Show simple item record

dc.contributor.authorYan, Chi
dc.date.accessioned2018-09-28T14:13:35Z
dc.date.available2018-09-28T14:13:35Z
dc.identifier.urihttp://hdl.handle.net/10222/74273
dc.description.abstractConstitutive activation of NF-κB and JNK is frequently seen in malignancies; however, the underlying mechanisms remain incompletely understood. During my PhD study, I discovered a previously unrecognized role of interleukin 17 receptors (IL-17RA and IL-17RC) in repressing aberrant activation of NF-κB and JNK in cancer cells. Using a shRNA knockdown (KD) approach, I first demonstrated that IL-17RA or IL-17RC KD in murine B16 melanoma and 4T1 carcinoma cells caused aberrant expression and activation of NF-κB and different JNK isoforms along with markedly diminished levels of the ubiquitin-editing enzyme A20. We also demonstrated that differential up-regulation of JNK1 and JNK2 isoforms in the two tumor cell lines was responsible for the reciprocal regulation of c-Jun activity and tumor-specific proliferation. I further demonstrated that A20 reconstitution in IL-17RKD clones reversed aberrant JNK1/JNK2 activities and tumor-specific proliferation, confirming a sophisticated role for the IL-17R-A20 axis in controlling tumor-specific proliferation. Notably, IL-17A stimulation resulted in selective up-regulation and down-regulation of different molecules in IL-17RKD clones compared to the parental control, highlighting parallel yin-yang activities associated with IL-17R-dependent signaling. Finally, immune profiling analysis revealed that the loss of IL-17R-A20 control in IL-17RAKD tumor cells favored the development of an immunosuppressive microenvironment in vivo. In order to validate these findings in human cancers, I conducted cross-cancer genome-wide analysis of somatic copy number alterations in IL-17R and A20 genes, and specifically examined its impact in colorectal cancer (CRC) development. Remarkably, CRC patients with concurrent copy number deletion in IL-17R and A20 had significantly reduced overall survival compared to their corresponding control patients. Accordingly, immunohistochemistry staining in CRC tissue arrays verified that high grade tumors had significantly reduced IL-17RA staining compared to low grade tumors. Collectively, my study reveals a critical role of IL-17R in maintaining baseline A20 production for controlling JNK isoform-dependent tumor-specific homeostatic proliferation and a novel role of the IL-17R-A20 axis in controlling tumor cell behavior. My work cautions the use of anti-IL-17R neutralization antibodies in cancer patients and sheds light onto the use of the IL-17R-A20 axis as prognostic and predictive markers in cancer patients, particularly in CRC patients.en_US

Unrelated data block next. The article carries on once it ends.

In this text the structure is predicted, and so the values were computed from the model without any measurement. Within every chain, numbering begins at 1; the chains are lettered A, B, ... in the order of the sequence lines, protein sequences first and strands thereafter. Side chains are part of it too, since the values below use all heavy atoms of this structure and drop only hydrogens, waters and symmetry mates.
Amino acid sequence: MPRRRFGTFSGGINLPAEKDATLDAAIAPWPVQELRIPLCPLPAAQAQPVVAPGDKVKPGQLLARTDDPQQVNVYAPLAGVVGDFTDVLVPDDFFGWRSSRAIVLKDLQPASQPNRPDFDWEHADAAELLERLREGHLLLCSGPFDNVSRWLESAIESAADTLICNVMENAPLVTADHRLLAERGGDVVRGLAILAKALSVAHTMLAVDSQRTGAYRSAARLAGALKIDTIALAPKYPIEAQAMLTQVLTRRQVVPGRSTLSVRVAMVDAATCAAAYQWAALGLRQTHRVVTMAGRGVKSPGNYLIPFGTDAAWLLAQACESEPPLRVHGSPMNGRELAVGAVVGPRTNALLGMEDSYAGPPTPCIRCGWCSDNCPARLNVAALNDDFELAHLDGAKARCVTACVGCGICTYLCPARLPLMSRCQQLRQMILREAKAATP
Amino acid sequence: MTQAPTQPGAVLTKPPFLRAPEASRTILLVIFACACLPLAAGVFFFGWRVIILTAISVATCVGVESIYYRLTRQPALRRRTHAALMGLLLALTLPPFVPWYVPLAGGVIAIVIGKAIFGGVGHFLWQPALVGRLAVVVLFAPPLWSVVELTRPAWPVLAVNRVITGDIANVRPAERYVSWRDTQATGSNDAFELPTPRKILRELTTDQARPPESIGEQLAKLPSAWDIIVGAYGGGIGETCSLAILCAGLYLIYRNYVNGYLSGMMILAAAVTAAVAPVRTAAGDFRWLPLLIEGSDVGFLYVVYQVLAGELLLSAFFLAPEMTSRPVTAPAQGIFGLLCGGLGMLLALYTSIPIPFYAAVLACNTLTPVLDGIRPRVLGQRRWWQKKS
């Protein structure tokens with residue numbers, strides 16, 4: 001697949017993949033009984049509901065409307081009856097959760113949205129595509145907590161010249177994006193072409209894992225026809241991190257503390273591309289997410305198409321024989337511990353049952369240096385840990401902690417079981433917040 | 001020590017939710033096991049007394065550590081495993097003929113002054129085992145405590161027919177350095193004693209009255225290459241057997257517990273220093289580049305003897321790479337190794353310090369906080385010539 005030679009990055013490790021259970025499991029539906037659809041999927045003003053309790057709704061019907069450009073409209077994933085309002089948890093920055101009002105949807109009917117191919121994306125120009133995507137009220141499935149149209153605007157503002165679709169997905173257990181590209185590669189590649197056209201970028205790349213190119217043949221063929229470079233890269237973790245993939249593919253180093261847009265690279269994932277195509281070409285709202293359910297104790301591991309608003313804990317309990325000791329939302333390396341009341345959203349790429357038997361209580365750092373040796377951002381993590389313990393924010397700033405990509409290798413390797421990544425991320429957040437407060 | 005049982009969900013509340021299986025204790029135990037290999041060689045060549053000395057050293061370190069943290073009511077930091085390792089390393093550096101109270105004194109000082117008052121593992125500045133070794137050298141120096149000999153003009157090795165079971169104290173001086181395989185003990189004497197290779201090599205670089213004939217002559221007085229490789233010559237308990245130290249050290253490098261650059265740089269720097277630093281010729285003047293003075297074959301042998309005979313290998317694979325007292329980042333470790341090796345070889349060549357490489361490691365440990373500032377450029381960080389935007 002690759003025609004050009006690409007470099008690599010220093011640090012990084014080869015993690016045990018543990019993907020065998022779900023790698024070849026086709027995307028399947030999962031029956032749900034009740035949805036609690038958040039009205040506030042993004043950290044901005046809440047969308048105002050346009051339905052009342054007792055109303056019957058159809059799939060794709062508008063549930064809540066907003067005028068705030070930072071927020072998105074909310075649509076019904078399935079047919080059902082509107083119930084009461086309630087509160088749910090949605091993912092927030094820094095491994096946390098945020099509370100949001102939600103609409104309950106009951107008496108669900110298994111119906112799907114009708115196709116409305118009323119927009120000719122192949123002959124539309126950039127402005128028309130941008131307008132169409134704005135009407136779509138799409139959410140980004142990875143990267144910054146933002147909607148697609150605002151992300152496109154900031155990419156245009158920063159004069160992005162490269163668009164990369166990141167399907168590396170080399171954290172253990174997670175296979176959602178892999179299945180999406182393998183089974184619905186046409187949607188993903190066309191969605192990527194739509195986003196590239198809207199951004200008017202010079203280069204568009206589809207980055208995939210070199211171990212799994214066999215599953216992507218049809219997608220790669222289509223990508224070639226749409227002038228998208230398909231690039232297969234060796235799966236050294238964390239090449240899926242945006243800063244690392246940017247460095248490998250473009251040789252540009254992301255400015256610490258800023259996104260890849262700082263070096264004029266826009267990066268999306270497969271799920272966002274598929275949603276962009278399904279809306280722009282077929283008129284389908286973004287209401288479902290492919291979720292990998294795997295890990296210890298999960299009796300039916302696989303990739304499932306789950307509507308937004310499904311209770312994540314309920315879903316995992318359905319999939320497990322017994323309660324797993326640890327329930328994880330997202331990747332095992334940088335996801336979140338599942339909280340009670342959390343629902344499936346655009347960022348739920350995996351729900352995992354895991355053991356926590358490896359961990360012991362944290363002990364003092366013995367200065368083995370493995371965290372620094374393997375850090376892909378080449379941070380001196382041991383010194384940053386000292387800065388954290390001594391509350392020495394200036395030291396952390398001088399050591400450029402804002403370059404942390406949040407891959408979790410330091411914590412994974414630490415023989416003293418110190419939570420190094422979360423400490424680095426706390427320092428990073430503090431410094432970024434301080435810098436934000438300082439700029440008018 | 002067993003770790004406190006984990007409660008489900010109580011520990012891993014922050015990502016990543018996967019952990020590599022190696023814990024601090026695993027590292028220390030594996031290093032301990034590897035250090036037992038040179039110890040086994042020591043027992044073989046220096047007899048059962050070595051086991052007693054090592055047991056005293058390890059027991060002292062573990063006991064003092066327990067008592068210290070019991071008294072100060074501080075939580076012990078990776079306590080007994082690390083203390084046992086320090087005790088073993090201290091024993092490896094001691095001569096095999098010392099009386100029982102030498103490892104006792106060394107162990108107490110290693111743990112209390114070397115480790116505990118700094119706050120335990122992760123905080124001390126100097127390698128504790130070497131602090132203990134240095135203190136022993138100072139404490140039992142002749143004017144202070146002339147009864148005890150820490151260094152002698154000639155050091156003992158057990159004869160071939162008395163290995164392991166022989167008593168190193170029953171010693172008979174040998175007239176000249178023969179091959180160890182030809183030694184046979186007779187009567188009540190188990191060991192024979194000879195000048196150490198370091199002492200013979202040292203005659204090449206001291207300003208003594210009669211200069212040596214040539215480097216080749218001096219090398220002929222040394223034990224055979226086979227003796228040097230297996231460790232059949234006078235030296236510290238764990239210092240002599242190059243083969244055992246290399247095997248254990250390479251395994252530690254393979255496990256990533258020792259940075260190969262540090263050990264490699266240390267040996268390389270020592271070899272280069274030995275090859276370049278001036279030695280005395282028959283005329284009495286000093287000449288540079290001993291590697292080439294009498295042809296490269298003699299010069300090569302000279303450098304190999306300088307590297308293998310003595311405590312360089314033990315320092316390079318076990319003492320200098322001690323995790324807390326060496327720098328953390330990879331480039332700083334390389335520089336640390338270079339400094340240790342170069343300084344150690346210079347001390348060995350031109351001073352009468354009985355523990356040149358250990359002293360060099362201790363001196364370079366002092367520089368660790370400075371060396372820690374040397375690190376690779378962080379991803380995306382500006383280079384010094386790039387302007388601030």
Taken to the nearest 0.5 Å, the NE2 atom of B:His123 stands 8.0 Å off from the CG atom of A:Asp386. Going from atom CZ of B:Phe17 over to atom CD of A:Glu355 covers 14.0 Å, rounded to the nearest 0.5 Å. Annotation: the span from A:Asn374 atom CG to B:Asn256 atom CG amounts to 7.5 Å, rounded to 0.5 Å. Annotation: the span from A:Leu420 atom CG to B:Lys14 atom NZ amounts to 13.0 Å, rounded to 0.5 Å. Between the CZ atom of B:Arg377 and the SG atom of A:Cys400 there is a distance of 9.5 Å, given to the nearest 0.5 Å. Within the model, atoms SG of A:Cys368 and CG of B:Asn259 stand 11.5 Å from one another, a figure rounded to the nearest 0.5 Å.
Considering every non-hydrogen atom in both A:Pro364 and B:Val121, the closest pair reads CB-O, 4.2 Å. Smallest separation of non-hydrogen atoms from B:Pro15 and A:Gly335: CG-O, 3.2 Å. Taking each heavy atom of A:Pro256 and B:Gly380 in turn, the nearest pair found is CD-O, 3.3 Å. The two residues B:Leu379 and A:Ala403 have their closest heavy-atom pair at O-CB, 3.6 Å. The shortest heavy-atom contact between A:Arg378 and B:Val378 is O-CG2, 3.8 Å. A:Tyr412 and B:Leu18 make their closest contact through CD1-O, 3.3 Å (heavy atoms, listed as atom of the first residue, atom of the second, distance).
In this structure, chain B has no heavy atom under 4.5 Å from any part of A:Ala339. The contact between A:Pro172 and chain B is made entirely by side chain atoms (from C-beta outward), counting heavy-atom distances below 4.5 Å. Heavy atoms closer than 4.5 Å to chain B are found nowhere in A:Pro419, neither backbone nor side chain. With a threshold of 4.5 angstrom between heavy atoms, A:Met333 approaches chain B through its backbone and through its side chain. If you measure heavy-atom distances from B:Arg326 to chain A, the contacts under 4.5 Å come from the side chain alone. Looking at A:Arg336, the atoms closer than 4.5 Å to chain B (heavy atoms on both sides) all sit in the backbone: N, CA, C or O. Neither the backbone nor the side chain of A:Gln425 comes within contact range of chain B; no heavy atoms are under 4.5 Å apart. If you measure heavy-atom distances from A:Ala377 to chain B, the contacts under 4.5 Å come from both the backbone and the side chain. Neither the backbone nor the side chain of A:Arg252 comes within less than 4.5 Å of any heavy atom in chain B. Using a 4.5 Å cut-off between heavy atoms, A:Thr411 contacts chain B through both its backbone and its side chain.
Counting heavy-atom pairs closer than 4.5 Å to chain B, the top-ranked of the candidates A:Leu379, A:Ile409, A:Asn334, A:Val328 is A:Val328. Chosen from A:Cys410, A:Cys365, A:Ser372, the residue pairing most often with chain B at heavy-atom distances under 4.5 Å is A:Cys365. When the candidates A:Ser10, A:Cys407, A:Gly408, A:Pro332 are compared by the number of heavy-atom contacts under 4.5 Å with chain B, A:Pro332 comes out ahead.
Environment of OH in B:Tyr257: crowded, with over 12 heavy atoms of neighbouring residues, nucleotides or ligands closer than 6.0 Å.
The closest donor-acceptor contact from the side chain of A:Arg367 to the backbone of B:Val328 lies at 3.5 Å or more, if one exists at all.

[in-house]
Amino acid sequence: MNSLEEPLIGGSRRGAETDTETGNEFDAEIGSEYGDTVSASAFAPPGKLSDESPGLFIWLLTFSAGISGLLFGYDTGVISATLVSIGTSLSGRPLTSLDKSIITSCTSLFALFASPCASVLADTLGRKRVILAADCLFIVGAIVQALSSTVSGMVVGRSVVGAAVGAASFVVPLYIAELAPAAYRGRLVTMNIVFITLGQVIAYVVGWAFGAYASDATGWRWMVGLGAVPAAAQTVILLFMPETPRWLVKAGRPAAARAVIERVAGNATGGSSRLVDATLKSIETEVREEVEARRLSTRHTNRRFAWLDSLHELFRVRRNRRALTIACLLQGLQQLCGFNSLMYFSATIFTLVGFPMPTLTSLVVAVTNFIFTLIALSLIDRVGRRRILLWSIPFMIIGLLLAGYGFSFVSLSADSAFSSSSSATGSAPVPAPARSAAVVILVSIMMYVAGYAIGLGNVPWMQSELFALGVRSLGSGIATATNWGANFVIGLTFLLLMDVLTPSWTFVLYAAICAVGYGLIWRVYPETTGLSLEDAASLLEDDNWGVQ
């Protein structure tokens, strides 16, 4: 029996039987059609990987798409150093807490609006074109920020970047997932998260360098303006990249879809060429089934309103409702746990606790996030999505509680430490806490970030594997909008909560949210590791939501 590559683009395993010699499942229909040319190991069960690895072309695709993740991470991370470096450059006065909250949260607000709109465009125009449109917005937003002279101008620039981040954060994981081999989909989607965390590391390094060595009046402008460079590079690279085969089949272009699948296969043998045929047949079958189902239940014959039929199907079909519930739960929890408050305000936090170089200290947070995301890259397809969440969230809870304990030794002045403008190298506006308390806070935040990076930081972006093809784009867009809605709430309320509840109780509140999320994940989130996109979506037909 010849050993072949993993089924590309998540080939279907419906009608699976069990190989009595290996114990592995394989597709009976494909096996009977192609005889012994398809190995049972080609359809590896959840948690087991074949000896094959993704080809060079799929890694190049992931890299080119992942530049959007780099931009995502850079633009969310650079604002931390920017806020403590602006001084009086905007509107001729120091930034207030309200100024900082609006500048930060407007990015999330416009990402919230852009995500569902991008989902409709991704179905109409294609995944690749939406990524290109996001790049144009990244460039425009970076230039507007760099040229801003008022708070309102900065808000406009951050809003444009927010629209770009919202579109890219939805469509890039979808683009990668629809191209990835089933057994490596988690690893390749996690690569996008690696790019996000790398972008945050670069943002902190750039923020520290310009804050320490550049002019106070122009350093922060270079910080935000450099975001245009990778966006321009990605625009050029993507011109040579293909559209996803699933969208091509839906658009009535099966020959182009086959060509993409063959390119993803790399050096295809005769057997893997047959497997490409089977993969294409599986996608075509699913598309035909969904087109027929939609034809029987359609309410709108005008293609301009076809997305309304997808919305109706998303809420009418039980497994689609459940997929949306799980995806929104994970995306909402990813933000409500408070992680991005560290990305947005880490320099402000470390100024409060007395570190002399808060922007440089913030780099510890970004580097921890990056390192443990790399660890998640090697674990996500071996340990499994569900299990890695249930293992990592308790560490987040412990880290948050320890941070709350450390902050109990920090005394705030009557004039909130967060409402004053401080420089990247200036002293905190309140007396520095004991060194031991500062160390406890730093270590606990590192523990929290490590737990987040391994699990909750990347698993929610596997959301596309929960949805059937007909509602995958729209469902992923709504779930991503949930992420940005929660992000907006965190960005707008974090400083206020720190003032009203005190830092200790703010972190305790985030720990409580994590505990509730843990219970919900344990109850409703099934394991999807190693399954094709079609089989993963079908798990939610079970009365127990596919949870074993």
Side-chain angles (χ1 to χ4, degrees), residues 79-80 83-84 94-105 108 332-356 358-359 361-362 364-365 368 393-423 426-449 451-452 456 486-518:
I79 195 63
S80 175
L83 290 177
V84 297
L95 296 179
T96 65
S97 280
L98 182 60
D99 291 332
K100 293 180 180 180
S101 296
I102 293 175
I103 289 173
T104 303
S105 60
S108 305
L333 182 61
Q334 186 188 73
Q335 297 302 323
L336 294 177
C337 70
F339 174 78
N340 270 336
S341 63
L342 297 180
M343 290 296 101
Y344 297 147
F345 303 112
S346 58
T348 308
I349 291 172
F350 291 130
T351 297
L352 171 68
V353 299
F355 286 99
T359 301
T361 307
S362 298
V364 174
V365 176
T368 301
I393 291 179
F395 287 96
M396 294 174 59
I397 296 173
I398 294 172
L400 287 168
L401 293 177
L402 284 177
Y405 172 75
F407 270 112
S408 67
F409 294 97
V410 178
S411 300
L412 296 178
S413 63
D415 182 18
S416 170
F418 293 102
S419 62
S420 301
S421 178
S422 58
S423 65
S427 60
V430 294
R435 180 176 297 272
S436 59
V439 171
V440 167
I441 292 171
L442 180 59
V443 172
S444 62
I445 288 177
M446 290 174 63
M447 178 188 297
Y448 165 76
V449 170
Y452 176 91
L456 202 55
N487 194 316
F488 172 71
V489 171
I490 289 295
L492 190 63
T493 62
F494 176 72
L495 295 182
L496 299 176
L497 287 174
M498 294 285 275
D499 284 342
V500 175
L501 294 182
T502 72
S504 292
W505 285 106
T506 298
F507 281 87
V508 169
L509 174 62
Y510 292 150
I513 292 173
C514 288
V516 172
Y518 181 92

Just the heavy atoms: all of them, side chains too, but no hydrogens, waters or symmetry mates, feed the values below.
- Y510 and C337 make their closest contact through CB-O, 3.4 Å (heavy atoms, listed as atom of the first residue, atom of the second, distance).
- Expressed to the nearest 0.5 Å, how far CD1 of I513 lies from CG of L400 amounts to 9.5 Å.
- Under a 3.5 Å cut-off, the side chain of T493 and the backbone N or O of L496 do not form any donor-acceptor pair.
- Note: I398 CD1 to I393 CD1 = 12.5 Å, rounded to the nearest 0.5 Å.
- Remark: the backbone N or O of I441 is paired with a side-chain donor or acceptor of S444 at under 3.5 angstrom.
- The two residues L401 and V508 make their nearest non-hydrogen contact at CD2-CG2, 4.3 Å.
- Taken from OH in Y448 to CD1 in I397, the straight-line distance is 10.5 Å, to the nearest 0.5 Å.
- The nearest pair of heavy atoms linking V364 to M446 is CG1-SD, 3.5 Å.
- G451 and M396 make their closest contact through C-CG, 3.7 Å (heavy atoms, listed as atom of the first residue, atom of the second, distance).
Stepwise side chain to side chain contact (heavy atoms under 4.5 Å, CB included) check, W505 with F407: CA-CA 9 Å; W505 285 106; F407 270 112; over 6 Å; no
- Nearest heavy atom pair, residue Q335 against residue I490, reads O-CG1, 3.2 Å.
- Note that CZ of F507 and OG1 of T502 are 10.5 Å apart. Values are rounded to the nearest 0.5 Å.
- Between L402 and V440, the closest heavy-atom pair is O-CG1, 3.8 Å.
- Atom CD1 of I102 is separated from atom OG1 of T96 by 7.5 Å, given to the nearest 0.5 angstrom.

dc.language.isoen_USen_US
dc.subjectIL-17Ren_US
dc.subjectA20en_US
dc.subjectTumors--Growthen_US
dc.subjectTumor microenvironmenten_US
dc.titleTHE ROLE OF THE IL-17 RECEPTOR-A20 AXIS IN TUMOR GROWTH AND TUMOR MICROENVIRONMENTen_US
dc.date.defence2017-07-31
dc.contributor.departmentDepartment of Microbiology & Immunologyen_US
dc.contributor.degreeDoctor of Philosophyen_US
dc.contributor.external-examinerDr. Ann Richmonden_US
dc.contributor.graduate-coordinatorDr. Brent Johnstonen_US
dc.contributor.thesis-readerDr. David Hoskinen_US
dc.contributor.thesis-readerDr. Craig McCormicken_US
dc.contributor.thesis-readerDr. Brent Johnstonen_US
dc.contributor.thesis-supervisorDr. Jun Wangen_US
dc.contributor.ethics-approvalReceiveden_US
dc.contributor.manuscriptsYesen_US
dc.contributor.copyright-releaseNot Applicableen_US
 Find Full text

Files in this item

Thumbnail

This item appears in the following Collection(s)

Show simple item record